“In her letters, she likes to make fun of herself. Considering everything she’s going through, I’m baffled as to how she manages. She has a wonderful spirit “Amanda Zahui B., a forward for the Los Angeles Sparks, is one of a number of WNBA players who have been in contact with Griner while she has been detained. “A scenario like this calls for her to bring some light to it. I’m not sure many individuals would be able to accomplish that.”

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To defend Griner, the United States government announced on May 3 that she had been “wrongfully arrested” and that it was working with former United States ambassador to the United Nations Bill Richardson, an international hostage negotiator with years of expertise. It’s no longer necessary to wait for Griner’s Russian trial to end before negotiating her repatriation now that she’s been given a new designation by the United States government.

US citizen Brittney Griner has been wrongfully arrested by the Russian Federation, a State Department spokeswoman confirmed to ESPN. Carstens will lead an interagency effort to secure the release of Brittney Griner as a result of this determination.”

A U.S. consulate officer spoke with Griner on May 19 and reported that Griner was “continue to do as well as might be expected under these extraordinarily hard circumstances,” according to State Department spokesperson Ned Price. Griner had already been seen the week before, and now Price wants even more access.

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Our message is simple: We continue to demand that Russia grant consistent and timely access to all detained U.S. citizens,” Price said on ABC News. If Moscow fails to maintain its obligations under the Vienna Convention for regular and prompt access, we will keep pressing it.

On May 25, Cherelle Griner appeared on “Good Morning America” to discuss the case and revealed that she and her wife haven’t spoken in over 100 days because her wife’s phone was confiscated shortly after she was brought into jail by the police. As a result, they’ve only exchanged letters “sporadically” since.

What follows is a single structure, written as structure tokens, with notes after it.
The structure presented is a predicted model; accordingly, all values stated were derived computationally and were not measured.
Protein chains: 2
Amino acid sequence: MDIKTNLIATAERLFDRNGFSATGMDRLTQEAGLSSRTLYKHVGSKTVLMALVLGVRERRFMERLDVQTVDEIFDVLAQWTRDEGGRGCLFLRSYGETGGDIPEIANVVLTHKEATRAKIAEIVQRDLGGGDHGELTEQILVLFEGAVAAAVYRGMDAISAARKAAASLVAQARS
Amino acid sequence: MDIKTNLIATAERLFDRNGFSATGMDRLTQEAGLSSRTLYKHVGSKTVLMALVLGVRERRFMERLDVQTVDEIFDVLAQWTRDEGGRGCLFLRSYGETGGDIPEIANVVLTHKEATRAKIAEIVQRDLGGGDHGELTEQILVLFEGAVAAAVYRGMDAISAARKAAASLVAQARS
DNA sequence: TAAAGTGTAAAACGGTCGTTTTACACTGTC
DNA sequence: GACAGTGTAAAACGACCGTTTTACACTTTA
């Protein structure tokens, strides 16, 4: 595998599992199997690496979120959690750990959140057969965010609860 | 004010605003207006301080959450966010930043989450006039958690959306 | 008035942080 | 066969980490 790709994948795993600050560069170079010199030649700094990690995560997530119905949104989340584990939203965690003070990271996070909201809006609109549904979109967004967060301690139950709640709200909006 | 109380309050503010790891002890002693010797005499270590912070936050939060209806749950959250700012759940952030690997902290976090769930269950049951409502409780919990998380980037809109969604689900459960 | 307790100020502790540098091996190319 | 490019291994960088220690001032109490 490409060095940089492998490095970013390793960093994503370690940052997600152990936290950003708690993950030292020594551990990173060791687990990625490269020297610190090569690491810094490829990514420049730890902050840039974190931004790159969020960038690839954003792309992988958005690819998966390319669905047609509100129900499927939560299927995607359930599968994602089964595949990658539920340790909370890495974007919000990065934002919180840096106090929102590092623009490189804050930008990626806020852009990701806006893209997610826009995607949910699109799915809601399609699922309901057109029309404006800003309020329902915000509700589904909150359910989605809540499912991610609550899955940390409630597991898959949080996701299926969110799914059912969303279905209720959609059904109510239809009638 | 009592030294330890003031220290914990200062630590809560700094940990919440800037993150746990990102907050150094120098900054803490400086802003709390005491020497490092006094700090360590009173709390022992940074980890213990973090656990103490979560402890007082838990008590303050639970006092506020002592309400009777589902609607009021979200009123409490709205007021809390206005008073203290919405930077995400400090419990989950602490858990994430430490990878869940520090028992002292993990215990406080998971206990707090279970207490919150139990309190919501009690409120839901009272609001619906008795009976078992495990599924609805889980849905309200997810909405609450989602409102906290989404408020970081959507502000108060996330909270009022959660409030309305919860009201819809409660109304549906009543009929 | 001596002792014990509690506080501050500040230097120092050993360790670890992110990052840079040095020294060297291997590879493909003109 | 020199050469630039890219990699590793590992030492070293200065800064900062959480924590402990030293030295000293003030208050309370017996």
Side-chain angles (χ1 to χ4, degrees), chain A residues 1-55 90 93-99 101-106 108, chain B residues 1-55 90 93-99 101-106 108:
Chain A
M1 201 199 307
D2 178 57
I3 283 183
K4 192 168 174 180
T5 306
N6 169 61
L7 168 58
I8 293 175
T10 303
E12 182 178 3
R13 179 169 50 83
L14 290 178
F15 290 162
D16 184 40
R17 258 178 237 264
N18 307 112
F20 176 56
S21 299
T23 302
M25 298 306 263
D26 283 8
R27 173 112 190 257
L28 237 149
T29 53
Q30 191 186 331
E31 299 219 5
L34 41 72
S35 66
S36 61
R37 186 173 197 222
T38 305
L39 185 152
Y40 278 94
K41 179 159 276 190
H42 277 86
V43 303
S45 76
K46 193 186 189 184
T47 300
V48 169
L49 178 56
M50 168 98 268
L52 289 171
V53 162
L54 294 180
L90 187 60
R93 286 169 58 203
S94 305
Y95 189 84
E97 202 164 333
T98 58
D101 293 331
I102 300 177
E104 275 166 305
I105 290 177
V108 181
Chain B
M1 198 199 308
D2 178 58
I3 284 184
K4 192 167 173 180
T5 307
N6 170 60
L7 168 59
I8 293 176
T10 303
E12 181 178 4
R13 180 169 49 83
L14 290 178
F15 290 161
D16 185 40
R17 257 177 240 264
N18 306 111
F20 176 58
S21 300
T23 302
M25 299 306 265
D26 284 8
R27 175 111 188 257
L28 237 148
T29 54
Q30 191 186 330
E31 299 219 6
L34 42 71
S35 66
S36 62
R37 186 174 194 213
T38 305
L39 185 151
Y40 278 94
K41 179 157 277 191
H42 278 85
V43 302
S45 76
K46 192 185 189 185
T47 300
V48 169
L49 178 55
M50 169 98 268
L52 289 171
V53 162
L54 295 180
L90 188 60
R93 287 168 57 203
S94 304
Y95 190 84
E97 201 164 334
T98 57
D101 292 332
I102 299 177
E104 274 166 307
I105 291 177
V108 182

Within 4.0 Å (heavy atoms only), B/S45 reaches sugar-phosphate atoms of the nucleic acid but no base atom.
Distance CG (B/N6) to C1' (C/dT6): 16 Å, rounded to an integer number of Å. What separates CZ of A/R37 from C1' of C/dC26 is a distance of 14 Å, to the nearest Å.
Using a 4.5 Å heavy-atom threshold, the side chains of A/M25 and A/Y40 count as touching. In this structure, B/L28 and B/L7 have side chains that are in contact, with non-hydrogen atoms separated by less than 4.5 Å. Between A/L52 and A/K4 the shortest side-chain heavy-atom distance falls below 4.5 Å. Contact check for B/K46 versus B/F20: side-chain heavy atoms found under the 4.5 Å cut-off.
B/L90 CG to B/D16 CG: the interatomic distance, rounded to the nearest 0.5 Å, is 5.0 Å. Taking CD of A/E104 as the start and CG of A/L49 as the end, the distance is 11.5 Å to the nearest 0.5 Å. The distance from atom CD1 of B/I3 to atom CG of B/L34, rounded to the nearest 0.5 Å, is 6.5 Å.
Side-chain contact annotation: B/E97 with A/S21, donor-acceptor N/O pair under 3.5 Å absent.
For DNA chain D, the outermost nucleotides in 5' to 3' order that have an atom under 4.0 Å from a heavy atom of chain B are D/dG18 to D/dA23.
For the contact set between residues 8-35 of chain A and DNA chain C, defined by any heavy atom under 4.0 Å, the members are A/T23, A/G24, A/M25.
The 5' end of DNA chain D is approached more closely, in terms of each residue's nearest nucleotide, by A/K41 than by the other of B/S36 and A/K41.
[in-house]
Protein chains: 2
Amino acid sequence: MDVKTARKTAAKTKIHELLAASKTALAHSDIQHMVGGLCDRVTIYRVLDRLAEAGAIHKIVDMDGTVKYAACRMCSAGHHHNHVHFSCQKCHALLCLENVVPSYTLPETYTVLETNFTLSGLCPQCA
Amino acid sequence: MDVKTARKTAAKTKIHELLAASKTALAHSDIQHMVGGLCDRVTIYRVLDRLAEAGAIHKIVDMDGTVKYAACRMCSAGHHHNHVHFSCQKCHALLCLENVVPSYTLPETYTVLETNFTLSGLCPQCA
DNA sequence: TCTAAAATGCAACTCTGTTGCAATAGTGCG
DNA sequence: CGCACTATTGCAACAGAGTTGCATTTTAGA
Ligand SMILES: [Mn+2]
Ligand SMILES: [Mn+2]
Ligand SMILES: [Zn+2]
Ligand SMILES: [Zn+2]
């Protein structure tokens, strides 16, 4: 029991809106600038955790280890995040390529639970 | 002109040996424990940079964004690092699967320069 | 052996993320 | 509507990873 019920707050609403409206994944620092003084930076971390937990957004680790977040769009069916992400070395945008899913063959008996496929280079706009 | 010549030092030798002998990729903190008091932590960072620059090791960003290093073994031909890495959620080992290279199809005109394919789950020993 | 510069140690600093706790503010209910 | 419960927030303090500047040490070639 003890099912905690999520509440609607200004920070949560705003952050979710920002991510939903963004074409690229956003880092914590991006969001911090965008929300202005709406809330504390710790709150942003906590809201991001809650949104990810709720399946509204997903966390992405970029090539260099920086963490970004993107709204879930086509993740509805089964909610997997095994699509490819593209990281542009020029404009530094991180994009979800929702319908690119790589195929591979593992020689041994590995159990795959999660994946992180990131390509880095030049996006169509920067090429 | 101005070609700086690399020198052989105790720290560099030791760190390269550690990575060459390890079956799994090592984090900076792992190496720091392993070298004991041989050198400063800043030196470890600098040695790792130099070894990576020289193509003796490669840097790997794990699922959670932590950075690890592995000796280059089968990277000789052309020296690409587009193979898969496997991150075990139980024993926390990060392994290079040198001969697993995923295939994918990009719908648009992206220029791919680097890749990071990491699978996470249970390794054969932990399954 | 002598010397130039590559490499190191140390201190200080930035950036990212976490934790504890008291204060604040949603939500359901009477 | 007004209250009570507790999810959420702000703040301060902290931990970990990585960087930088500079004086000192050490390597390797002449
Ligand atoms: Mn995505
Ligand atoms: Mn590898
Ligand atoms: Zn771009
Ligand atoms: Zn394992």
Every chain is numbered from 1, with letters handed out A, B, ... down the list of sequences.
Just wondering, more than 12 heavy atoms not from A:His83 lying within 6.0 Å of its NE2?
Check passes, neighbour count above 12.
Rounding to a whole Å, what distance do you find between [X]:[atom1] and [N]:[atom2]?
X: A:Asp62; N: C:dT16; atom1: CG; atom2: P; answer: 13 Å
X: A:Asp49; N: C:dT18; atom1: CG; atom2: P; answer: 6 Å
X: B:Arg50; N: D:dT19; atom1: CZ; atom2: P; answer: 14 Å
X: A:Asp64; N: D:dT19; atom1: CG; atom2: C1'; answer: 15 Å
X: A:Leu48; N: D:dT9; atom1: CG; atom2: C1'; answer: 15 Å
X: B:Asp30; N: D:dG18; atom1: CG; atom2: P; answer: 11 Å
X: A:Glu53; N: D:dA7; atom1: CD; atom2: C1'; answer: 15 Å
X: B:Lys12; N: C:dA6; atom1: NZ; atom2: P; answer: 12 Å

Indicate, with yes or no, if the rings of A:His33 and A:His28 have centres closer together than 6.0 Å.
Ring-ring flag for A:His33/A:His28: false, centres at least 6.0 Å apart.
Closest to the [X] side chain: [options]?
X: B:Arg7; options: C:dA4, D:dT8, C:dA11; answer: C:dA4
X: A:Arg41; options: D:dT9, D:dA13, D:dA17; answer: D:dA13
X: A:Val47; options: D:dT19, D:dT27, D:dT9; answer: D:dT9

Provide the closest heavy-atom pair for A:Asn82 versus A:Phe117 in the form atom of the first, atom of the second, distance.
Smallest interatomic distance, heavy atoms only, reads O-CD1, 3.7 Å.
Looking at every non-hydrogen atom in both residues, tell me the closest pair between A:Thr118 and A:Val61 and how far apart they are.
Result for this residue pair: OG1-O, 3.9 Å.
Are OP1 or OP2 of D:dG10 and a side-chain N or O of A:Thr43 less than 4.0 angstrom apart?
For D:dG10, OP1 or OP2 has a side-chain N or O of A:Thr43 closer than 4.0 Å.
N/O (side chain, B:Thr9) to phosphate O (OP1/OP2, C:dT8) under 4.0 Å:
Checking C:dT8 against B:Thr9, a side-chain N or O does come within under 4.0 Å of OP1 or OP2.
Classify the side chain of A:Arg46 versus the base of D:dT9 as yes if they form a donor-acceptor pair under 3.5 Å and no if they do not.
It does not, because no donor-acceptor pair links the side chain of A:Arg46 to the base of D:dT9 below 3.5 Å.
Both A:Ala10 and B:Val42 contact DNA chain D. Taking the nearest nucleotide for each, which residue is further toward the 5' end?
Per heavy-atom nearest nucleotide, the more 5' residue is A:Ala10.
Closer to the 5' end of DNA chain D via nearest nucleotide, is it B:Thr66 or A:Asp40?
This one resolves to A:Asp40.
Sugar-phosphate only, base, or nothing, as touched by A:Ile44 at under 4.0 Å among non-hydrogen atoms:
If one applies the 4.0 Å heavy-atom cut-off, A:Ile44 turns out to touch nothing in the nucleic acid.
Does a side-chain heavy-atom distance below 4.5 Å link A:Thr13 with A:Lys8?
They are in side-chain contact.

During the interview, Cherelle Griner also requested a meeting with Vice President Joe Biden.

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“It seems like I keep hearing that he’s got the power, you know. She’s just a pawn in the game of politics “she stated. I want you to do whatever it is that they want you to do, if they’re holding her because they want you to do something.

Griner is supported by more than just the United States government. On May 17, NBA Commissioner Adam Silver revealed that he and WNBA Commissioner Cathy Engelbert are working “side by side” to secure Griner’s release during an interview at the NBA Draft Lottery. Since then, Silver has been in touch with “every level” of government, thanks to the process.

In an interview with ESPN, Silver said, “We’ve been in touch with the White House, the State Department, hostage negotiators, and every level of government.” Keeping her safe and out of Russia is our top priority, and we will do everything we can to help her.

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On March 5, Russian customs released a video showing Griner attempting to pass through airport screening, but they did not identify the former Baylor star by name. This was corroborated by Russian news agency TASS, which posted an undated photo of Griner in a police station later that day. Reportedly detained on Feb. 17 was two-time Olympic gold medalist

A Moscow court, as reported by TASS on March 17, extended her pre-trial custody until May 19, according to the publication. In addition, Griner was granted house arrest, as reported by Insider. According to a TASS source, Griner, who stands at 6’9″, has complained that the mattresses in her prison cell are too tiny for her. She shares a cell with two other English-speaking detainees, both of whom are supposedly being held for “drug-related articles,” according to NBC.